The differences in these two approaches lie in how the classifications are defined. Using only a single SOM node space for the entire year means that winter months will tend to map to more troughlike nodes and summer months will map to more ridgelike nodes. Our analysis focuses on synoptic variability, and therefore anomalies that are based on monthly-window means (e.g., Fig. 4a) better characterize how any given synoptic state compares with climatological behavior in its given month.

Figure 5 shows that January or June in any given year may not be representative of the long-term average distribution of synoptic behavior. This result suggests that extreme caution should be used when interpreting the generality of conclusions reached from short-term field deployments and encourages long-term field-data collection efforts.

Fig. 5.

Year-by-year time series of ridge, zonal, pretrough, trough, posttrough, and unclassified patterns as based on the monthly-window anomalies for (a) January and (b) June. The rightmost bars shows the mean breakdown for all years and are equivalent to the January and June bars in Fig. 4a.

Fig. 5.

Year-by-year time series of ridge, zonal, pretrough, trough, posttrough, and unclassified patterns as based on the monthly-window anomalies for (a) January and (b) June. The rightmost bars shows the mean breakdown for all years and are equivalent to the January and June bars in Fig. 4a.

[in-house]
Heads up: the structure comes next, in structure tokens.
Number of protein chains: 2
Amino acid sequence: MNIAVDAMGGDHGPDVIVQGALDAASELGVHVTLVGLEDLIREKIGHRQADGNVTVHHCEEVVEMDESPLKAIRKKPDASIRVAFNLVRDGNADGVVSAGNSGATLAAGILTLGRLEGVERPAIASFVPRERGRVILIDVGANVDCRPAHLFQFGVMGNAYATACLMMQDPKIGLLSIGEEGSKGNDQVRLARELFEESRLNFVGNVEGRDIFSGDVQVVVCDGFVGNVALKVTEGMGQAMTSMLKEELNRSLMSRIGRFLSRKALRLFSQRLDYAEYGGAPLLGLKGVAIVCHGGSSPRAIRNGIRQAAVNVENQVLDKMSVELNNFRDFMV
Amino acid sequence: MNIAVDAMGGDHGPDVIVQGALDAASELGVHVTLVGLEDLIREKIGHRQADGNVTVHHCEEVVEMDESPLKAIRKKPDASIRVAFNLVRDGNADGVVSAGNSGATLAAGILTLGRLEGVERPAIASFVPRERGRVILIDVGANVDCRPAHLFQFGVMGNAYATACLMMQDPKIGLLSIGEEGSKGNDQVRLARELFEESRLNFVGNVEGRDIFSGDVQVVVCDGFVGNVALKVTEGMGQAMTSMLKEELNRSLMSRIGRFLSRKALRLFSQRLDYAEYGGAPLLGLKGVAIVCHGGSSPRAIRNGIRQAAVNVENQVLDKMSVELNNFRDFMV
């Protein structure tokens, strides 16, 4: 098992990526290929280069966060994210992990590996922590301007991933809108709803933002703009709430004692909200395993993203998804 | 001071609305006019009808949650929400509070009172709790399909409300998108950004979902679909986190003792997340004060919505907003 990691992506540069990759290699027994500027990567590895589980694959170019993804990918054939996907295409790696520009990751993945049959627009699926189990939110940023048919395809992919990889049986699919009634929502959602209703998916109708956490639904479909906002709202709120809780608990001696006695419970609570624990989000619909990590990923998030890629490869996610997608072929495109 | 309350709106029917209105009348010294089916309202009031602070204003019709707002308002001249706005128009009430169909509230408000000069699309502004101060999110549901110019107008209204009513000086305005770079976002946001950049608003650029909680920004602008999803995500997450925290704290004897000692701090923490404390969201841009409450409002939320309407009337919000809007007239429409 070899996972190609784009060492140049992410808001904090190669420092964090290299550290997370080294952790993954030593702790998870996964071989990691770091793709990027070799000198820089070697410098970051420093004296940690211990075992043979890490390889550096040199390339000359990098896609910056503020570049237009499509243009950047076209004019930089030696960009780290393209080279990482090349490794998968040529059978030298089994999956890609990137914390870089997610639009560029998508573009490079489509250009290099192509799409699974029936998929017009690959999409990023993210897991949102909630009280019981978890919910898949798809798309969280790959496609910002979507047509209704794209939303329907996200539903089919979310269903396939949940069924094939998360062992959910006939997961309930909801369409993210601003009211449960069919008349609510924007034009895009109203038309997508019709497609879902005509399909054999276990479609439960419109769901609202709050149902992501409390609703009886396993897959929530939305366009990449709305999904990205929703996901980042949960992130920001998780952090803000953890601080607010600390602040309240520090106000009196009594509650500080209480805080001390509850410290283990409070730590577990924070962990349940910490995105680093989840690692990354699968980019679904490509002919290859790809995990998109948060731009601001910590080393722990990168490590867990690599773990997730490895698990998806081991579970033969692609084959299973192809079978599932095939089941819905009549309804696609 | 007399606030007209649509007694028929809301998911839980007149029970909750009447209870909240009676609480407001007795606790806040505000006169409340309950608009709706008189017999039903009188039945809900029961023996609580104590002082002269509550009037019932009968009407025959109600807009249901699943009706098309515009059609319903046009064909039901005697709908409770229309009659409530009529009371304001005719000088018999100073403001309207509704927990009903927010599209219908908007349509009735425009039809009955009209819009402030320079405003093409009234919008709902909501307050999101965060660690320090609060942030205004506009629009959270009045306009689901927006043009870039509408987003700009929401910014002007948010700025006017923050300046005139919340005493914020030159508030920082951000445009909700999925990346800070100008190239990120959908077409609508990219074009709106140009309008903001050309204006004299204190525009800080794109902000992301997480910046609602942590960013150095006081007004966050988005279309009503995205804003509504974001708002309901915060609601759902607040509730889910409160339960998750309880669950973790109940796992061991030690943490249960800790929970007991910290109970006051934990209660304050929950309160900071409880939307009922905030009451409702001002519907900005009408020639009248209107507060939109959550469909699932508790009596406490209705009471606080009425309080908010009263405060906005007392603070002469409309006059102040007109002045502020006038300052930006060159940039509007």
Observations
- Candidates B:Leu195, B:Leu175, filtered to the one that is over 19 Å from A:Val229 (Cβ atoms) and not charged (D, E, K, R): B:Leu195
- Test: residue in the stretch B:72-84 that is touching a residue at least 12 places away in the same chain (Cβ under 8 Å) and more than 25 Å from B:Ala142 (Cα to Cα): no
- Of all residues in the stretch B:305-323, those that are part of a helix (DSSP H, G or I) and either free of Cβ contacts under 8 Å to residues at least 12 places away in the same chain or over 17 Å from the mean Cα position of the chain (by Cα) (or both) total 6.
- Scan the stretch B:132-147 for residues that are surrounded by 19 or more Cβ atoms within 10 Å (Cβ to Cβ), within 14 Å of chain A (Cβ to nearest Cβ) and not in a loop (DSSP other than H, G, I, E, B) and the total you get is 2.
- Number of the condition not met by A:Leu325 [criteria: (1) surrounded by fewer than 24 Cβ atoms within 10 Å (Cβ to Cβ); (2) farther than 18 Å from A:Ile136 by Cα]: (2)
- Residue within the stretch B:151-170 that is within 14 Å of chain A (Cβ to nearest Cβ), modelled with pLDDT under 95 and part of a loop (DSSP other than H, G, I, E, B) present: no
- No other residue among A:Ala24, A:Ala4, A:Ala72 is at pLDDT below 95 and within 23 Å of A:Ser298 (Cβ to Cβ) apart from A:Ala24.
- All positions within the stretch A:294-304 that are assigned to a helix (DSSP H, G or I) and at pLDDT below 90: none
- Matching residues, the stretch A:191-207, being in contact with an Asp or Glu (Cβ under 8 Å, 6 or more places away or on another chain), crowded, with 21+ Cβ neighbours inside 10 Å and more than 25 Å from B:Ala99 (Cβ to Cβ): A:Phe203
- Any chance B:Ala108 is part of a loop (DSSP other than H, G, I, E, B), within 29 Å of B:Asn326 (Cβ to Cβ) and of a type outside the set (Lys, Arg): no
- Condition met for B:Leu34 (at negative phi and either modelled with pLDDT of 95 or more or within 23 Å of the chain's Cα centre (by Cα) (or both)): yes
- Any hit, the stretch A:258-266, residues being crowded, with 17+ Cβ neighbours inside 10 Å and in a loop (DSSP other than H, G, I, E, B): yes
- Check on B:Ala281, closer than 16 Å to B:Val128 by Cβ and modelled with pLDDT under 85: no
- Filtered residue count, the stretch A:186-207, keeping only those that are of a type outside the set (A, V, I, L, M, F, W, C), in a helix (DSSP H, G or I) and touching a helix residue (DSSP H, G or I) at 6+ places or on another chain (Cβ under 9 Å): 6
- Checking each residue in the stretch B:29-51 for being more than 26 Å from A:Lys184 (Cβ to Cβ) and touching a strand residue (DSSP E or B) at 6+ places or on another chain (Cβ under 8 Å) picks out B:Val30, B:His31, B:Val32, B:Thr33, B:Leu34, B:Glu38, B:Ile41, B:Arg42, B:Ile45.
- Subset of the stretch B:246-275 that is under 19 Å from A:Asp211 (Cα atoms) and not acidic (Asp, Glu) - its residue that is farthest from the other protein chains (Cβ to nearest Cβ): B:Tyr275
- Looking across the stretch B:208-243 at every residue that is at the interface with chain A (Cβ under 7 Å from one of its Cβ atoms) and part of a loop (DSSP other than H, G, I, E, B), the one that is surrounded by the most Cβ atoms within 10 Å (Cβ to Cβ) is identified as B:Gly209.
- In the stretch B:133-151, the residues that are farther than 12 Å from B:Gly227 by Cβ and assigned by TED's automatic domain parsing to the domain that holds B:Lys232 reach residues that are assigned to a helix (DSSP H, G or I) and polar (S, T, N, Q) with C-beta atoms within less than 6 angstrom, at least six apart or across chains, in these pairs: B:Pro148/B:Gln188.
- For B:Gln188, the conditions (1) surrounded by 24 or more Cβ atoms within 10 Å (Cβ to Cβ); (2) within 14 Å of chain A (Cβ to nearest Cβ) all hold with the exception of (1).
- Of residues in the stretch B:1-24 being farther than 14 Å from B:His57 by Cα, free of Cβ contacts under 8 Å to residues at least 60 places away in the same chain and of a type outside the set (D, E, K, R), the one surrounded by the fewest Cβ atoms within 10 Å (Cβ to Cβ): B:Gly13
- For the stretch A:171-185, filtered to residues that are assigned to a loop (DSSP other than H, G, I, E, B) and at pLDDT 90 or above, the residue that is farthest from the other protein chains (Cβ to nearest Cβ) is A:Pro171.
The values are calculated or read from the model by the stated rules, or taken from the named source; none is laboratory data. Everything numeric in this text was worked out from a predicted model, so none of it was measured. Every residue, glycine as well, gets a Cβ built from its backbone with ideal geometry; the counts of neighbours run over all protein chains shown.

5. Dominant synoptic and cloud regimes—June

a. Synoptic properties

In the previous section, we classified nodes together according to synoptic category (trough, ridge, etc.) to calculate the frequency of each broad category. Compositing the synoptic and cloud structures themselves tends to overgeneralize the states for the purpose of interpretation of the synoptic and cloud structures. For this reason, we take the most-frequent nodes found on the middle edges of Fig. 3 as archetypes of the four synoptic patterns over the North Atlantic region in June. Figure 6 shows these dominant synoptic states in terms of the composited environmental variables. The pretrough pattern shows that the Azores lie in a tight gradient of 500-hPa heights, with the trough axis near the western portion of the domain. At 1000 hPa, a weak Bermuda high is present south and east of the Azores, and a low pressure center is present in the northwestern portion of the domain. This 1000-hPa trough is roughly collocated with the 500-hPa trough axis. The Bermuda high is least dominant in this synoptic state, reflected in its smallest spatial extent when compared with the other archetypes and the presence of the weak Icelandic low, which is present only in this pattern. The vertical-motion field is consistent with the 500-hPa geopotential-height field, specifically with upward vertical motion accompanying regions of positive differential vorticity advection downstream of the trough axis.